We also used a trial management program called Sanction for the opening and closing, and to pull up documents on the monitor so that the jury could see what the witness was being asked about. Sanction lets you manipulate, enlarge, highlight documents, insert call-out boxes, etc. You can also use it to insert bits of audio or video into the presentation. One thing we did was take the audio recording of the defendant’s guilty plea in traffic court and insert it into our opening statement. Instead of hearing us tell them about the guilty plea, the jury got to hear it for themselves, in the defendant’s own words. Pretty powerful stuff. The downside to Sanction is that it can’t be done remotely by the attorney, so you need a paralegal along to run it. All that really means is looking over and calling out the exhibit or page number you want pulled up on the screen.
I did something new for the rebuttal closing, too. I did that wirelessly from my iPad, using an Apple TV unit to wirelessly call up everything I needed in real time. I used an app called Trialpad for that. It lets you move around in the room while you control the presentation from the iPad. You can play video and animations, call up documents or pictures, and highlight, redact or enlarge. It even has an electronic pointer feature. It worked flawlessly, even though it was the first time I had used it live in front of a jury. Being able to control it myself gives me a lot of flexibility, especially when the size of the case may not justify bringing along a paralegal for the whole trial.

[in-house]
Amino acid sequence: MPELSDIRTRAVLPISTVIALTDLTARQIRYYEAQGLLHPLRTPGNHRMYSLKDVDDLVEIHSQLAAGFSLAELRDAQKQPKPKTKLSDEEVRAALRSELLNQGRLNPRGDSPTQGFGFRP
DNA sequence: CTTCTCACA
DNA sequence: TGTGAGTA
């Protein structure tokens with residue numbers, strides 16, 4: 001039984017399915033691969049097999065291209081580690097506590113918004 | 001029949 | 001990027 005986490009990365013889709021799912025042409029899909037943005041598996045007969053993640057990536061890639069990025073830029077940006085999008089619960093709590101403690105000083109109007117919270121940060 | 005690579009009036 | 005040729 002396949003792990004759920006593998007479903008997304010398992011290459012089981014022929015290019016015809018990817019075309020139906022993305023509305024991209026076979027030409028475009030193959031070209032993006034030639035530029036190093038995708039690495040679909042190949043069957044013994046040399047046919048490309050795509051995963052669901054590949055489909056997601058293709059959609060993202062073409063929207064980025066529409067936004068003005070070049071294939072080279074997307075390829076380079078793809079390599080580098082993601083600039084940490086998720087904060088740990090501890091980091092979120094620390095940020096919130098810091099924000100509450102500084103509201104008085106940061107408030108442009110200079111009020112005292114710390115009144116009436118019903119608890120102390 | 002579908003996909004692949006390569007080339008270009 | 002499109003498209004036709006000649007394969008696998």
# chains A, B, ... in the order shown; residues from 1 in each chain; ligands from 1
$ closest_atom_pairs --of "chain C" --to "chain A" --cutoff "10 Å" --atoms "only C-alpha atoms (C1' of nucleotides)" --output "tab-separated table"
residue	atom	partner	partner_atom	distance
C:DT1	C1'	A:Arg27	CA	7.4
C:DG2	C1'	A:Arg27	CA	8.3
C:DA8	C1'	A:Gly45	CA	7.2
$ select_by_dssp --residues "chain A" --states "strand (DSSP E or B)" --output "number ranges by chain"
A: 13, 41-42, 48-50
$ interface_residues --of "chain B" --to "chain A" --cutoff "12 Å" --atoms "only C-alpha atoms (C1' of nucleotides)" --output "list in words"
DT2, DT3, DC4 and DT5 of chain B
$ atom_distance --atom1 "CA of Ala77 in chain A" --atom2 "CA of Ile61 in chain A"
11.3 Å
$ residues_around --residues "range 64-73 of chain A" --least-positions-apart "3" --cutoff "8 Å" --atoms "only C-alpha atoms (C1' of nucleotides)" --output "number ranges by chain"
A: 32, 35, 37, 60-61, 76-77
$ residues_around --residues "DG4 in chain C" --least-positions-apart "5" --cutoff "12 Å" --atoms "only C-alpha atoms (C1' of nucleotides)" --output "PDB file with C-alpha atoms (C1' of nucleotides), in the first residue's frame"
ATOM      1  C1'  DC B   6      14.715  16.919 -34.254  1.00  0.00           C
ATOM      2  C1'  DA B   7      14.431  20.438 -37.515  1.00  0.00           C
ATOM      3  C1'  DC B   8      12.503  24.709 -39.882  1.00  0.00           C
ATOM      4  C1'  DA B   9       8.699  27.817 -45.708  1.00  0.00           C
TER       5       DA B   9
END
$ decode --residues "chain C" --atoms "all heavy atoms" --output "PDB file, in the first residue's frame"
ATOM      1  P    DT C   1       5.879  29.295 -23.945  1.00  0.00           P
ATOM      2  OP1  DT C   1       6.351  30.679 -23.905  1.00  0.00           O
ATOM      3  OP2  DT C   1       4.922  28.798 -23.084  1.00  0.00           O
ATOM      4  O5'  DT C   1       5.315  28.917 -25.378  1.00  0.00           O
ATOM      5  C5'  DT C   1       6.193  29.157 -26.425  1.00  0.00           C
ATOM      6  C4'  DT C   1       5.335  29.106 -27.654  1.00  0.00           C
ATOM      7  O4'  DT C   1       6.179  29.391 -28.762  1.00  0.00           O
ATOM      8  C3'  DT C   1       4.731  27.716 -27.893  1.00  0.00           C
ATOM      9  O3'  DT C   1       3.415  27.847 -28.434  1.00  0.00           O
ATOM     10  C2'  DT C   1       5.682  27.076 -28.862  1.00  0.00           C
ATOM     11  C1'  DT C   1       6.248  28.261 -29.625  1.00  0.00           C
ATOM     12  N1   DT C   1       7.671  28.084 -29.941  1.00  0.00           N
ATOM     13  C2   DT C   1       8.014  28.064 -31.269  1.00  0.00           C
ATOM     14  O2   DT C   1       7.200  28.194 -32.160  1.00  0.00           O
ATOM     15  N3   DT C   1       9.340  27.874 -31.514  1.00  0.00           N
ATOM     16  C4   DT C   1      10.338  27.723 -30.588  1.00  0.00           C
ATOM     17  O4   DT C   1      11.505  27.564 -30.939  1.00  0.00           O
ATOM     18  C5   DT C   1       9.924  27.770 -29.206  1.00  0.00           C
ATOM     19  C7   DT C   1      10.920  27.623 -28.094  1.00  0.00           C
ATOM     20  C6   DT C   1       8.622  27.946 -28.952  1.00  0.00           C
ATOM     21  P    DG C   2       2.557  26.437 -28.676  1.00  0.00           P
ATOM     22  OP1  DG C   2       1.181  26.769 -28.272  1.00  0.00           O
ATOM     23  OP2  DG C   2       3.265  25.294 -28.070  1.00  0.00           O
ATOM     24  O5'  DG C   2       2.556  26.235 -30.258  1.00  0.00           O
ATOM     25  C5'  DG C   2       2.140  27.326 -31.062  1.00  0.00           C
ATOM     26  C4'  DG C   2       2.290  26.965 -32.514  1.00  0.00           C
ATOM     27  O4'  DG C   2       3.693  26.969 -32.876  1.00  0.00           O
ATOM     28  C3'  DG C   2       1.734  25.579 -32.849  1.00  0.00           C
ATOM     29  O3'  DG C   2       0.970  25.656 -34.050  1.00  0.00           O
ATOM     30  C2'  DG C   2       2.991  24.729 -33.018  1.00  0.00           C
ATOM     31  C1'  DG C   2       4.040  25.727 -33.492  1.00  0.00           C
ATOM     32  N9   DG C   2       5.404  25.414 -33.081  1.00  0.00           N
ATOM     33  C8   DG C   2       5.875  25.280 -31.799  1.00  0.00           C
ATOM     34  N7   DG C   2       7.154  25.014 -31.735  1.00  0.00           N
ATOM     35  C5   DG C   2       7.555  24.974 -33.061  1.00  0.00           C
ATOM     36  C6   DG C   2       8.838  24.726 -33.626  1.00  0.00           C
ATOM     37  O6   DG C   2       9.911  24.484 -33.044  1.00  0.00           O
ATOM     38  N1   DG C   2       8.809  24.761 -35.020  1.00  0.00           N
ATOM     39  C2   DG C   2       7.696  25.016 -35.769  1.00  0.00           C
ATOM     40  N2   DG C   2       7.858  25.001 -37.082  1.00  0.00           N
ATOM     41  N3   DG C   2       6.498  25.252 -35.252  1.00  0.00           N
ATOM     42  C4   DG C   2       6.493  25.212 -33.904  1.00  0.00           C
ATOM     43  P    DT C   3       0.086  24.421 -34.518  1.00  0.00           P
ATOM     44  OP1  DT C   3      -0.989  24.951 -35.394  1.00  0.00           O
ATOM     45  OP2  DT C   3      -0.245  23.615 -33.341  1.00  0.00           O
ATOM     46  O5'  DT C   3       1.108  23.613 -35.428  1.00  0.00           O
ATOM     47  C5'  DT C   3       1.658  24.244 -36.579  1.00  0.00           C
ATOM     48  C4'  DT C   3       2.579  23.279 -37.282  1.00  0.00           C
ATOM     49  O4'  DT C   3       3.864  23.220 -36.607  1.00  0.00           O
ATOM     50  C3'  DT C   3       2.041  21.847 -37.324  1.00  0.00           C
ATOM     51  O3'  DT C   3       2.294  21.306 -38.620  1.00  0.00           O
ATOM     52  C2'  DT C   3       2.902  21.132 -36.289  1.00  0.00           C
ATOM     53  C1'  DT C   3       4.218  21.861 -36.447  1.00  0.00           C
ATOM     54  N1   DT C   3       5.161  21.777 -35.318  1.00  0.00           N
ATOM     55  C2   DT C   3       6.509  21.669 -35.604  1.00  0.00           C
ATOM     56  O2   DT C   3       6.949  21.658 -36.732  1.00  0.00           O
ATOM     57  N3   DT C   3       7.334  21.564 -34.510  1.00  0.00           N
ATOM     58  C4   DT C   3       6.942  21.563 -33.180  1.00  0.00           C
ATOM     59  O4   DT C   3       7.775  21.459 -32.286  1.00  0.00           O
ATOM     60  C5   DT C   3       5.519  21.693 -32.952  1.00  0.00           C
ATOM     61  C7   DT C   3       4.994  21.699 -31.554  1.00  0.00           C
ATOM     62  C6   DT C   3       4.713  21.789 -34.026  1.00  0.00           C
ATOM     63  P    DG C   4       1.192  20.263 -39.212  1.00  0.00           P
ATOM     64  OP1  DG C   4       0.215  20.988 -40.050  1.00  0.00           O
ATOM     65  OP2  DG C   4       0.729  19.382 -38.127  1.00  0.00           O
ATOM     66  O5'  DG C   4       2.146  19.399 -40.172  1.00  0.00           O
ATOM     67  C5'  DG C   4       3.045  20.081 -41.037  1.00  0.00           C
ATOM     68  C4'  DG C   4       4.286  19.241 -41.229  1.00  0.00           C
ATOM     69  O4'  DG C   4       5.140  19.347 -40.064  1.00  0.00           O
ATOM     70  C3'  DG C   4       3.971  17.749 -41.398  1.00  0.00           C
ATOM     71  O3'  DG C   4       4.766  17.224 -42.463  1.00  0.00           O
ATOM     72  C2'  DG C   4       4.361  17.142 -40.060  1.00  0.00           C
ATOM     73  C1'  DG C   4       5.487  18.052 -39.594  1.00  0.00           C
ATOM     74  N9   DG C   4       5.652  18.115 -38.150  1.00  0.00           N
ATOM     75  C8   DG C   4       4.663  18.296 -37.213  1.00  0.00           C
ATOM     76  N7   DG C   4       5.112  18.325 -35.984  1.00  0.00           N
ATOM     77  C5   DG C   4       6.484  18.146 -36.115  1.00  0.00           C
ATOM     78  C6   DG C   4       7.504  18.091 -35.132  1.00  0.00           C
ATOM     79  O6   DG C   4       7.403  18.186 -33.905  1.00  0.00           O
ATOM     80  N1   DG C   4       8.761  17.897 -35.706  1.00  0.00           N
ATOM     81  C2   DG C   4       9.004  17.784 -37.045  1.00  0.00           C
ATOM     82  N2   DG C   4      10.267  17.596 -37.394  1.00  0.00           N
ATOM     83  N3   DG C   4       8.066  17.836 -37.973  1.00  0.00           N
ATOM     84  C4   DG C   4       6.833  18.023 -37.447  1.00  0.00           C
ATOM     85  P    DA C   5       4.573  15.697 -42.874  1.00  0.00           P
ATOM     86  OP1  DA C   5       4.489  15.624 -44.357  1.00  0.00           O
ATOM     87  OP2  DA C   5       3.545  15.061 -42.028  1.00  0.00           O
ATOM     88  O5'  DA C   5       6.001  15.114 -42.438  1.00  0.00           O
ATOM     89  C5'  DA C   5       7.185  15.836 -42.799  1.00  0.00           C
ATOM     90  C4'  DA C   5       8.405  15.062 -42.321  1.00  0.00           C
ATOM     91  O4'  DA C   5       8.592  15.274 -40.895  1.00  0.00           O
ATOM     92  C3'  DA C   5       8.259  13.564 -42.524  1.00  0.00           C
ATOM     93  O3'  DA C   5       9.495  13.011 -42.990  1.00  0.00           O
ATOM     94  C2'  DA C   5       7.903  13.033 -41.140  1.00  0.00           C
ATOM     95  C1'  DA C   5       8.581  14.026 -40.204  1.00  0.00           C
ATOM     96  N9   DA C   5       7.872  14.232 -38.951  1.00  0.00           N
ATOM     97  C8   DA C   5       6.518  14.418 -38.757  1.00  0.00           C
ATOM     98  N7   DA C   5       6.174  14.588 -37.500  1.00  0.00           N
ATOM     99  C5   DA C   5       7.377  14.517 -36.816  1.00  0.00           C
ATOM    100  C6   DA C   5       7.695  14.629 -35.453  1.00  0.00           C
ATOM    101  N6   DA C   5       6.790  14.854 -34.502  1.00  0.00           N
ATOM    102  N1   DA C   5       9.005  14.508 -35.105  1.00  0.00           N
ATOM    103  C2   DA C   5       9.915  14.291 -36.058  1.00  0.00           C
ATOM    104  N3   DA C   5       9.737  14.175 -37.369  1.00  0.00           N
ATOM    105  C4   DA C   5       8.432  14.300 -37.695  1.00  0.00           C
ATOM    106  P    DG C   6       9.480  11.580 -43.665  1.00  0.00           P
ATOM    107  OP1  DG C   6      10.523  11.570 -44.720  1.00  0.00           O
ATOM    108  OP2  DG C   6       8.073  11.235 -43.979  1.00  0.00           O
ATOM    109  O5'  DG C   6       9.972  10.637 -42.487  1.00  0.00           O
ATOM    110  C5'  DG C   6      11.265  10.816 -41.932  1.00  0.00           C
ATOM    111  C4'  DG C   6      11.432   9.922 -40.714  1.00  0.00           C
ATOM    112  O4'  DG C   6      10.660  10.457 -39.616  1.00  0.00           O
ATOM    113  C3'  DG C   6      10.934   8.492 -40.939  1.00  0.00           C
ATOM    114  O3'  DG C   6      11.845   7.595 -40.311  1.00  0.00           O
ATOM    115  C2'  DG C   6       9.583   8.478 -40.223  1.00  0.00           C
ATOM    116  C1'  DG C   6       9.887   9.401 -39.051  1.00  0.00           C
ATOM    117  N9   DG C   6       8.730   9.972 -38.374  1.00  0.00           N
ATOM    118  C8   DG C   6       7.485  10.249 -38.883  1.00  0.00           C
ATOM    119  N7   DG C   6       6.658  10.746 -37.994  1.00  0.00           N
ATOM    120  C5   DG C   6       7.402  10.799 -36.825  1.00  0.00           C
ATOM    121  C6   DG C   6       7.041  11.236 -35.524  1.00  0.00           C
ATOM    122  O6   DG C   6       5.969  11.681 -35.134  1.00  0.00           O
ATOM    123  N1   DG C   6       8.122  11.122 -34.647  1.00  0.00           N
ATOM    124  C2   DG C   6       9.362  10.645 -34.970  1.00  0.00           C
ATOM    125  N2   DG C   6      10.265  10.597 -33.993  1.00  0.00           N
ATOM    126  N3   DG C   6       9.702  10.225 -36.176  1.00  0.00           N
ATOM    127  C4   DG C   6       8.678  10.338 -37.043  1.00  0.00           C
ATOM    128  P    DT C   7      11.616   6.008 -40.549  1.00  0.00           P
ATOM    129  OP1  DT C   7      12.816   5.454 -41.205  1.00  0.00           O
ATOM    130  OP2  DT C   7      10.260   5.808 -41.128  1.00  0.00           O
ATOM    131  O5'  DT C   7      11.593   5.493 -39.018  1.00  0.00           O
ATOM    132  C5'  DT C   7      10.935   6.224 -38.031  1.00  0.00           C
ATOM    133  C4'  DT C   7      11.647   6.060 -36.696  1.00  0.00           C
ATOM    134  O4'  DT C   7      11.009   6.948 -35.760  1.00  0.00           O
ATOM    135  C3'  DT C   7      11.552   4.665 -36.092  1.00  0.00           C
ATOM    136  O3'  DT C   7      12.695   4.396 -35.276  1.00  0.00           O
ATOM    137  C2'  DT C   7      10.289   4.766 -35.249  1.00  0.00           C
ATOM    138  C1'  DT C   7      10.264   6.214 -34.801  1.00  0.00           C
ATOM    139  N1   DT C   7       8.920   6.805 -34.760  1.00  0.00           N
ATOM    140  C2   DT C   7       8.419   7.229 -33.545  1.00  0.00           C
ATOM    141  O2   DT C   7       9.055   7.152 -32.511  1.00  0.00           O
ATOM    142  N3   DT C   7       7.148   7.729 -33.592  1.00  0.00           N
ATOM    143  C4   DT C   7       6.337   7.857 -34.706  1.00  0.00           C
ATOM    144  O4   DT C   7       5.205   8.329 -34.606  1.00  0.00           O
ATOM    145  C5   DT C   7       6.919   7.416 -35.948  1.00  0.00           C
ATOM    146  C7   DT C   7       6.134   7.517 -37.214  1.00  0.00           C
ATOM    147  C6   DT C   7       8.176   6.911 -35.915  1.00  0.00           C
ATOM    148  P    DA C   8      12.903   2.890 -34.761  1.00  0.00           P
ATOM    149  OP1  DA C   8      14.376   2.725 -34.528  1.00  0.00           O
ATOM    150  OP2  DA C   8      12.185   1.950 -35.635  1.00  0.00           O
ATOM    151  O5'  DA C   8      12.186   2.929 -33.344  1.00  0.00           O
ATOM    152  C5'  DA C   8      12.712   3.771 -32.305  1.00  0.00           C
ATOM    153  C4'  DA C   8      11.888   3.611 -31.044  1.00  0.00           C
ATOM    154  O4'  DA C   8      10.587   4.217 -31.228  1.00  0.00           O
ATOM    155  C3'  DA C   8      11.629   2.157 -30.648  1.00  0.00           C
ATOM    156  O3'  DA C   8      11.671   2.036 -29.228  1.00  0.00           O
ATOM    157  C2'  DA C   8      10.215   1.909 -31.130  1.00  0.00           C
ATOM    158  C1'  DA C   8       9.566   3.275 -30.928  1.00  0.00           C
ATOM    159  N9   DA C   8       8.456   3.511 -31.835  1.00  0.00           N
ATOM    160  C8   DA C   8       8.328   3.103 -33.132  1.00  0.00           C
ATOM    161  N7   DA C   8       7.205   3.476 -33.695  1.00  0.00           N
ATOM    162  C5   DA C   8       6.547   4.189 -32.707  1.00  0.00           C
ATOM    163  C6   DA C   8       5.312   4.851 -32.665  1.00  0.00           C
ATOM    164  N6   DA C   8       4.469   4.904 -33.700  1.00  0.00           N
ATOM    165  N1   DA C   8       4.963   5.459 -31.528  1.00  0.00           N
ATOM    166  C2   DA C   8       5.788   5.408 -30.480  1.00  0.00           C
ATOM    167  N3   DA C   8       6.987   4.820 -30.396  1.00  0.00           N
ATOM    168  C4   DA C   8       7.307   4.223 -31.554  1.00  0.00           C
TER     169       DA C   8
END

All in all, we were really pleased about how the technology we were using made the case easy to organize and present, and how it allowed us to tell our jury a compelling, persuasive story. I’m sure we will refine this approach as we use it for more trials, but we think we are heading in the right direction.
Oh, and if you’re wondering- yes, the defense took a shot at use for our use of “fancy bells and whistles.” Like it’s our fault they showed up with piles of paper and a few exhibit boards. Since I knew that shot was coming (it happens nearly every time), I handled it by memorizing the jurors’ jobs the night before and then at argument looking at each and giving examples of how technology is used (in their own jobs) every day in 2013. I explained that we aren’t doing our job of zealously representing our client if we don’t use every tool at our disposal, including electronic presentation technology.
About Our Guest Author
John Bratt is an attorney with Miller & Zois, LLC in Glen Burnie, Maryland. He concentrates his practice in serious auto and truck accidents, appellate litigation and medical malpractice cases. He is a member of MAJ’s Board of Governors and chaired MAJ’s Auto Negligence Section from 2009 to 2011. He has been named a Maryland SuperLawyers Rising Star each year from 2010 to 2013 , and was named to The National Trial Lawyers’ Top 40 Under 40 for 2012. He lives in Lutherville, Maryland with his wife Katie, their daughter Delilah, and a Shih-Tzu named Keno.